I was the Canadian Pacific Railway’s Station Agent at Forrest, Man., during the period 1961–65. Trains passed Forrest, located on the Rapid City Sub., on regular timetable schedules and branched off to 3 other subdivisions, viz; Lenore, Varcoe and Miniota.The Rapid City sub., passed over the Canadian National Railway, at Forrest Transfer over which traffic was interchanged. The paperwork for such movements was handled by the CNR staff at Rivers, MB., and the CPR Agent at Forrest.
Trans Canada Pipelines maintained a pressure station North of Forrest, and with plans made to enlarge this facility, several flat cars loaded with gigantic compressors and duct work arrived at Forrest from Eastern Canada.
Arrangements were made with CPR, TCPL and contractor Ernie McLean of Estevan, Sask., to have loads hauled up at rear of the Miniota train and left on the main track at a spot where they could be driven to, and unloaded by McLean’s dragline crane. This was done. Roadmaster Downes instructed Section Foreman Savich to follow along and assist where required, and to ensure hand brakes were applied to the empty cars as they were unloaded. This he did. However, it became evident after several cars were unloaded and pushed down, the coupling between first and second flat was not completely made and the first car out began to roll away, even though the hand brake had been applied, and smoke was evident from the brake shoe friction. Sectionman Deleau ran after the flat, until he dropped, but could not catch it. .…(Editor’s note for your info, this section man Tony Deleau, would be a brother to Fireman/Engineer W.H. “Pete” Deleau of Souris MB,).….
From the point of release Southward, lay some 14 miles of downhill grade. The flat picked up speed, passing over Provincial Hwy #25, over CNR mainline at Forrest Transfer, over numerous Municipal crossings, past Forrest station, over Provincial Hwy. #10 and Southward at an estimated speed of 30 MPH, ultimate destination CPR main line at Chater.
After the flat whizzed by my office window, I attempted to advise the Train Dispatcher in Brandon of what was happening, but Art Grant, Road Foreman of Engines, was speaking to someone on the Dispatcher’s phone about a problem, so I rather rudely interrupted him and told him the drill, that should the flat car run over the knoll at Barager, it could run out onto the mainline at Chater. I was told Mr. Grant and Gordon Dingwall & Division Master Mechanic vacated Company premises in Brandon and broke all speed limits driving out to the Mental Hospital Spur at Barager, arriving in time to see the flat come slowly to a halt. It was their intention to derail the flat by any means they could, likely open Barager switch to put the flat on the ground.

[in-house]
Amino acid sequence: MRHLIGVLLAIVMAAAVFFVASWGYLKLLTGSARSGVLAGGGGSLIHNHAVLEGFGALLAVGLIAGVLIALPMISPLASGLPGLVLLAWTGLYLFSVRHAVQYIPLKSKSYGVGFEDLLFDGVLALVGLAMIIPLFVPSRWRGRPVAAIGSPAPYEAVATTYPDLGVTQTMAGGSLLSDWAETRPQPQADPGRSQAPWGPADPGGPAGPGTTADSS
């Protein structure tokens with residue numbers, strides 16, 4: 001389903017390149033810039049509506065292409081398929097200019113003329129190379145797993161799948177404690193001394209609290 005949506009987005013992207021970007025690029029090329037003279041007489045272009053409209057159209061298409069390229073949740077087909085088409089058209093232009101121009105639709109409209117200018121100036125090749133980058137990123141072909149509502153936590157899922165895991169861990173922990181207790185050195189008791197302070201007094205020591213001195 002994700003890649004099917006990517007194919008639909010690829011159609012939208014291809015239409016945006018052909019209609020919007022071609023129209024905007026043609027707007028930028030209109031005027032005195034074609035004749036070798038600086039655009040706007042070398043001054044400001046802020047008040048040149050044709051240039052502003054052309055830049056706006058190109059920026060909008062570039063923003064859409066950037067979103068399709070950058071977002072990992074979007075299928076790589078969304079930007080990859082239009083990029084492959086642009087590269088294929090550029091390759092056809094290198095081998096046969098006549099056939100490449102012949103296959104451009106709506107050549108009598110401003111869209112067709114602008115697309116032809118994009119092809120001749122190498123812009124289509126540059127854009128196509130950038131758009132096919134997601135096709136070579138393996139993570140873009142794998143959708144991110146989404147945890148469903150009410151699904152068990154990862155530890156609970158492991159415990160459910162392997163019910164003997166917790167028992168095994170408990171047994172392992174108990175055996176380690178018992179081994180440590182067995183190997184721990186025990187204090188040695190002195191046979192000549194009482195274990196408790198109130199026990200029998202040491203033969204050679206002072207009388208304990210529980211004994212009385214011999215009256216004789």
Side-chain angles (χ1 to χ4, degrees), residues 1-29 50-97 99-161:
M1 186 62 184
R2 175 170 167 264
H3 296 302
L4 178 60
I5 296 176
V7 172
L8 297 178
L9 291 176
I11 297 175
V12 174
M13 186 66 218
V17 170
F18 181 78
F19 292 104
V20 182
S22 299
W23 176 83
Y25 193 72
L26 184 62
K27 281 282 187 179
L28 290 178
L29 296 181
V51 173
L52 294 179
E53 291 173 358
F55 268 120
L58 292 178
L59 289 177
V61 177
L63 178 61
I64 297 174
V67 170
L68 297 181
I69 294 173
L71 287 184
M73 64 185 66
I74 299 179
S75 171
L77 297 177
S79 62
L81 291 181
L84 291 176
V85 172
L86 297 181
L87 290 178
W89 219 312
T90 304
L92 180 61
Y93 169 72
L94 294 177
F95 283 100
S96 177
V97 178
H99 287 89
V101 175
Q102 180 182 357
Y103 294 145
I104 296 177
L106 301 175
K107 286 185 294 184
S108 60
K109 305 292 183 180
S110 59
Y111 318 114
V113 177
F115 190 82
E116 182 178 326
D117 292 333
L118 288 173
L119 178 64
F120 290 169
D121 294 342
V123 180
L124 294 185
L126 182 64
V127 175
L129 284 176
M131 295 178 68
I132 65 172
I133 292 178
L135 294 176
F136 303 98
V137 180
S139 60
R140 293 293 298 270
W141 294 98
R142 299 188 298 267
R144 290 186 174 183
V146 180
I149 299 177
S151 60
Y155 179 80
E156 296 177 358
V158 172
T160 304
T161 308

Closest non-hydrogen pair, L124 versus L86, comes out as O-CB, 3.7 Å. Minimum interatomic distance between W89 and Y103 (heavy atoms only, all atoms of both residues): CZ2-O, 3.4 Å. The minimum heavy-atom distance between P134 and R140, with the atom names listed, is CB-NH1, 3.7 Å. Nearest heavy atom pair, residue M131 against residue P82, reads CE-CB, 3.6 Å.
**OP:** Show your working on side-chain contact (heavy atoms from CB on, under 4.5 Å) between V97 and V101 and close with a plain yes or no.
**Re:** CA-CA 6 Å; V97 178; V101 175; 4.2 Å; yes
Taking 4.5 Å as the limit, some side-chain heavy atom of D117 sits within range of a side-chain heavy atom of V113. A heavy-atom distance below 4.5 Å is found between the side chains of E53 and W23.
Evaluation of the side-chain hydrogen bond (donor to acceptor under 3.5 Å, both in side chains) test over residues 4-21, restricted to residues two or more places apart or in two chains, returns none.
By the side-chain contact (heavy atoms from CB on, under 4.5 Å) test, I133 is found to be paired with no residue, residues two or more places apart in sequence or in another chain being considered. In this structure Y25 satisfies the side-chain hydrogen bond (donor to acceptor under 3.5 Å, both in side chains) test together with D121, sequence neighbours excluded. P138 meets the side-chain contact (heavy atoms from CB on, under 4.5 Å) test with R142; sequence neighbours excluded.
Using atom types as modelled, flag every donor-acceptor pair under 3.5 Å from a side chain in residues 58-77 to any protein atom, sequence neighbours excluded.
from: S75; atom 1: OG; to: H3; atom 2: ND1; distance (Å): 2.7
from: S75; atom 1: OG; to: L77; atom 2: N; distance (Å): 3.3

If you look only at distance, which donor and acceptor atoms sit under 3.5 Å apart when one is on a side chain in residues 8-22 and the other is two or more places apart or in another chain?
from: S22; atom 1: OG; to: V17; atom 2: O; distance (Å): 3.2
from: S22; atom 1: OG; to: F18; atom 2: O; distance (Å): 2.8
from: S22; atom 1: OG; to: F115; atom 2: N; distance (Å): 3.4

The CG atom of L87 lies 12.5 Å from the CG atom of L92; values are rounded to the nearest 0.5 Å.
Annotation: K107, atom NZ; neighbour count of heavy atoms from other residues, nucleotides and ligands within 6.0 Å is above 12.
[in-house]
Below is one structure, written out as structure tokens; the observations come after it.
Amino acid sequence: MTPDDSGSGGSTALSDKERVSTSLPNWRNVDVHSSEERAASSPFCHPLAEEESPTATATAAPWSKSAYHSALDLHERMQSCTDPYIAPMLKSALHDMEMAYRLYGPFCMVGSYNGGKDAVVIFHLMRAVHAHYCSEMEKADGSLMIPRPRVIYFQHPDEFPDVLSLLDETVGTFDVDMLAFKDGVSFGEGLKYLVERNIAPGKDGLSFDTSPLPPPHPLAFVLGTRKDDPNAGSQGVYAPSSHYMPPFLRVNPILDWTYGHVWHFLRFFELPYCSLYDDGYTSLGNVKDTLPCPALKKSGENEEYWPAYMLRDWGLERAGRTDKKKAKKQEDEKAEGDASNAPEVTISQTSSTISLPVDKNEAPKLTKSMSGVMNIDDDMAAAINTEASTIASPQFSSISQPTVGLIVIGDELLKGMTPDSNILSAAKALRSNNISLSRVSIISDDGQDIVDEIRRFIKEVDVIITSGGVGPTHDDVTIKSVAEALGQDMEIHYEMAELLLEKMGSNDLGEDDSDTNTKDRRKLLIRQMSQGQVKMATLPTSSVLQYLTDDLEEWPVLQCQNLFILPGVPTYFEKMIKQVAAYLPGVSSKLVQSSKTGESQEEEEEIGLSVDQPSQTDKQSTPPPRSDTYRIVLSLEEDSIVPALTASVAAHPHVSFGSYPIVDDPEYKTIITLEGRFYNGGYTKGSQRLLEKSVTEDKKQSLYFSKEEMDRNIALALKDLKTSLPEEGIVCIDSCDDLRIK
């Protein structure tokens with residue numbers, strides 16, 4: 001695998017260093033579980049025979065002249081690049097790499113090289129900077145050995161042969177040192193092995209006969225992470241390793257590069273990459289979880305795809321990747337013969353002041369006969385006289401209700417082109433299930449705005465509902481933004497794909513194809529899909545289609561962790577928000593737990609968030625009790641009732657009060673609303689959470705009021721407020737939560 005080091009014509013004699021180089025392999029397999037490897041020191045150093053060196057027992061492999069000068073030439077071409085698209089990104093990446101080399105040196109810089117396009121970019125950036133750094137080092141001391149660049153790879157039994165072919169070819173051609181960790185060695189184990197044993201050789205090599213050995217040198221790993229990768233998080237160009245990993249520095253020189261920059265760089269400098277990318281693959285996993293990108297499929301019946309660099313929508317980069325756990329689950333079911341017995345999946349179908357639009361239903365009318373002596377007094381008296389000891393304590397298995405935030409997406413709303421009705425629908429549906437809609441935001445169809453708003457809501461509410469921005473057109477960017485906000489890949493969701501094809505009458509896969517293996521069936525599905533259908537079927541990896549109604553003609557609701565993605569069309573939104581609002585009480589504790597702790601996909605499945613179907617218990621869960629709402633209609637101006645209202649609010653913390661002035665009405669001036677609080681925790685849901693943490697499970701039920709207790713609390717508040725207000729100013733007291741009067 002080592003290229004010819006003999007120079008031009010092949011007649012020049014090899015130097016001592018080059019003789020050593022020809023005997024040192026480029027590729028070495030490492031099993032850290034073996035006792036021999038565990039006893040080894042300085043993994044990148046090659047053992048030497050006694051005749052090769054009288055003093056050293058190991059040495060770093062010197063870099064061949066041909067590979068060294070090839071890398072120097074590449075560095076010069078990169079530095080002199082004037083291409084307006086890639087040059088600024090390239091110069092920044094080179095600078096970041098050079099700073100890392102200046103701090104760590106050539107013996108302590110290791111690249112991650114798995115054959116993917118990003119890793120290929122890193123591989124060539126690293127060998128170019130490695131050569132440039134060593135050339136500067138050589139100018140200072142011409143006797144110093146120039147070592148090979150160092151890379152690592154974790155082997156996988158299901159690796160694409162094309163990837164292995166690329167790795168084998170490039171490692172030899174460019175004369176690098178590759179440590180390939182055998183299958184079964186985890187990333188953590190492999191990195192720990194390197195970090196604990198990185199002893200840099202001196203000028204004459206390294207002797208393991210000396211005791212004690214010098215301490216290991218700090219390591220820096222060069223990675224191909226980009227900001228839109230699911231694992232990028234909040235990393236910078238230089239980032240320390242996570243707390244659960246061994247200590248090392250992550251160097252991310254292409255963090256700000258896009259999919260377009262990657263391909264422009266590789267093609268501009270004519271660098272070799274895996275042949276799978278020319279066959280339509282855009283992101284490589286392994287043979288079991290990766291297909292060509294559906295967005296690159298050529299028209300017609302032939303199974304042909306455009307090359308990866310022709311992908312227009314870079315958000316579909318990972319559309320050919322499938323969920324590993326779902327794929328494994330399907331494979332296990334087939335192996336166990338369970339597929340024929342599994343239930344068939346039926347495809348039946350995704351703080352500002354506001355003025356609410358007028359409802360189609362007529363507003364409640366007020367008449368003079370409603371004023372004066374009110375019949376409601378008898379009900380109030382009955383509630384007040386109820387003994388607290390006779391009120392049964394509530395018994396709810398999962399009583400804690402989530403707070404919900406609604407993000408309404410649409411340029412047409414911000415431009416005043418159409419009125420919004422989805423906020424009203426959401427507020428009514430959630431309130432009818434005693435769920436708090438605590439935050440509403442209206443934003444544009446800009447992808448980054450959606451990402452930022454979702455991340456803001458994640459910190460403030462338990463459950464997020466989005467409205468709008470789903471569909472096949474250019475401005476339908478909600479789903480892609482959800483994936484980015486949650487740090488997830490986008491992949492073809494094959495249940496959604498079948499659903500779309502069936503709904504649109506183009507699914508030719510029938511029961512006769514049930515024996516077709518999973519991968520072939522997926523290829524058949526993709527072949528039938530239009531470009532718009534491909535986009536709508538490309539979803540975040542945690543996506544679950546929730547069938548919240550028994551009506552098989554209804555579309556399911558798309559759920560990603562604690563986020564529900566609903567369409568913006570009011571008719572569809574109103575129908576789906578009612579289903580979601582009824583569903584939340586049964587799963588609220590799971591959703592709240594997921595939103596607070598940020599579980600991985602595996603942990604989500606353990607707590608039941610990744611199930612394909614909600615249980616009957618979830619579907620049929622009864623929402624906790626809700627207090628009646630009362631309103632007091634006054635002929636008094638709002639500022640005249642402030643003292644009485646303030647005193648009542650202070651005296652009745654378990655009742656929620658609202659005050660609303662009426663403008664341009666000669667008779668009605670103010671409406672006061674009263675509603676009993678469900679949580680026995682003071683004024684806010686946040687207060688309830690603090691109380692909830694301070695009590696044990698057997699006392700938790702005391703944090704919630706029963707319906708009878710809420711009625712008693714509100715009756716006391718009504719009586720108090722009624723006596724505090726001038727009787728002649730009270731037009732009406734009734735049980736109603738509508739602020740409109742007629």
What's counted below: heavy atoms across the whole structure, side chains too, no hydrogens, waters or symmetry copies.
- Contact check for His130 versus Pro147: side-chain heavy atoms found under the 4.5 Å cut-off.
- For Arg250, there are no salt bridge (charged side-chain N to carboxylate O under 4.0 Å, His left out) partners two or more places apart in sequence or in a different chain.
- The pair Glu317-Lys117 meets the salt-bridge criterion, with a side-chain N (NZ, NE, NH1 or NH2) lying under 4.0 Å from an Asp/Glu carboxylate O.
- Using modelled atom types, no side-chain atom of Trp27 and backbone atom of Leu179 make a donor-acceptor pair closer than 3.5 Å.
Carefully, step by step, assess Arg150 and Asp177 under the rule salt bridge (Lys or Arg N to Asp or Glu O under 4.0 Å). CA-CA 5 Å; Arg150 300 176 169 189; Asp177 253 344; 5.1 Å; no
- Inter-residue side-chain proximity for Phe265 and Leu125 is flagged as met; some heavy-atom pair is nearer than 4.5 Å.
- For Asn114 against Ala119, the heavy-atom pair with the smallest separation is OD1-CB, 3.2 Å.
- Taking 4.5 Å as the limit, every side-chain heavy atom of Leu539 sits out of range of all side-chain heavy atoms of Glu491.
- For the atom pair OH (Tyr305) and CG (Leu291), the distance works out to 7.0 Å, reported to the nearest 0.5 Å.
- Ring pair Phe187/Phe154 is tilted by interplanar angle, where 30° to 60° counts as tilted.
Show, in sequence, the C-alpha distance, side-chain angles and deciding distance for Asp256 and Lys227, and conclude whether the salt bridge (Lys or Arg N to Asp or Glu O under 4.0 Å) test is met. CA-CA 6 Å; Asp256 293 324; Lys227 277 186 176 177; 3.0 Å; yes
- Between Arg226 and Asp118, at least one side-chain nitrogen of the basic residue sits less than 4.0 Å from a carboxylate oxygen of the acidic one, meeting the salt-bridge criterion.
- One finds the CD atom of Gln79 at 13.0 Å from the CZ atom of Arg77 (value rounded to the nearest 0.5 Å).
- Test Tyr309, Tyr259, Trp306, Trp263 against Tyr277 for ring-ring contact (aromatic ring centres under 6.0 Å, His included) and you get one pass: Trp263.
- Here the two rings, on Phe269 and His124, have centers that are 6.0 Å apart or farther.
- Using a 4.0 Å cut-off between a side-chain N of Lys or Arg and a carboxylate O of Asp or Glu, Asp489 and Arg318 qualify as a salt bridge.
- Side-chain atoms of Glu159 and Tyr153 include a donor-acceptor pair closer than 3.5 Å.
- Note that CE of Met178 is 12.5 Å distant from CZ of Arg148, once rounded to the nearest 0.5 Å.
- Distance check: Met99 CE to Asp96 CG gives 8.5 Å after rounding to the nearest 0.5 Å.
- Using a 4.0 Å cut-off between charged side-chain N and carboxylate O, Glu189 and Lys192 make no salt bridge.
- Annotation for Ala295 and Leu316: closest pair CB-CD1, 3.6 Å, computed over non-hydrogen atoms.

After advising Mr. Grant, I telephoned the Plains Western Gas Plant at #1 Hiwy., and asked a person to watch for the runaway and flag #1 Hwy., crossing, even though the crossing was protected with signal lights. A lone flat car travelling at any speed would not be seen and #1 was a busy highway. The crossing was flagged and the flatcar passed over.
So, a catastrophe had been diverted through good fortune. All crossings at grade were passed over and wonder of all wonders a CNR train was not passing Forrest Transfer. The Miniota train on return, nosed onto the empty cars on the main track, pushed them down to Forrest, ran around them, picked up the runaway at Barager, proceeded to Brandon yard and tied up.
It appeared the section crew was in for a citation, however cooler heads must have prevailed, inasmuch as Section crew was not “Running Trades” personnel and no injury nor loss of equipment resulted. The case was closed. In conversation with Superintendent Lowe next day, I asked him if he would write Plains Western Staff a letter of thanks. which he agreed to do.
Plains Western staff were pleased with the letter and to have received some recognition. The plant Manager advised me that they had been on the CPR “bad list” as shortly before this incident they had flared-off some excess product and had melted the telegraph wires on a CPR pole nearby, and had received an angry blast from the CPR linesman.
As Robert Burns so aptly put in his poem; ‘the best laid schemes o’mice and men.…gang aft a‑gley’
The North Branches are abandoned now !.…Written December 2004.
****Editor’s note.…In the 1950’s a carload of grain escaped from Franklin, Manitoba and ran all the way to Gladstone before it came to a stop. No other details are available****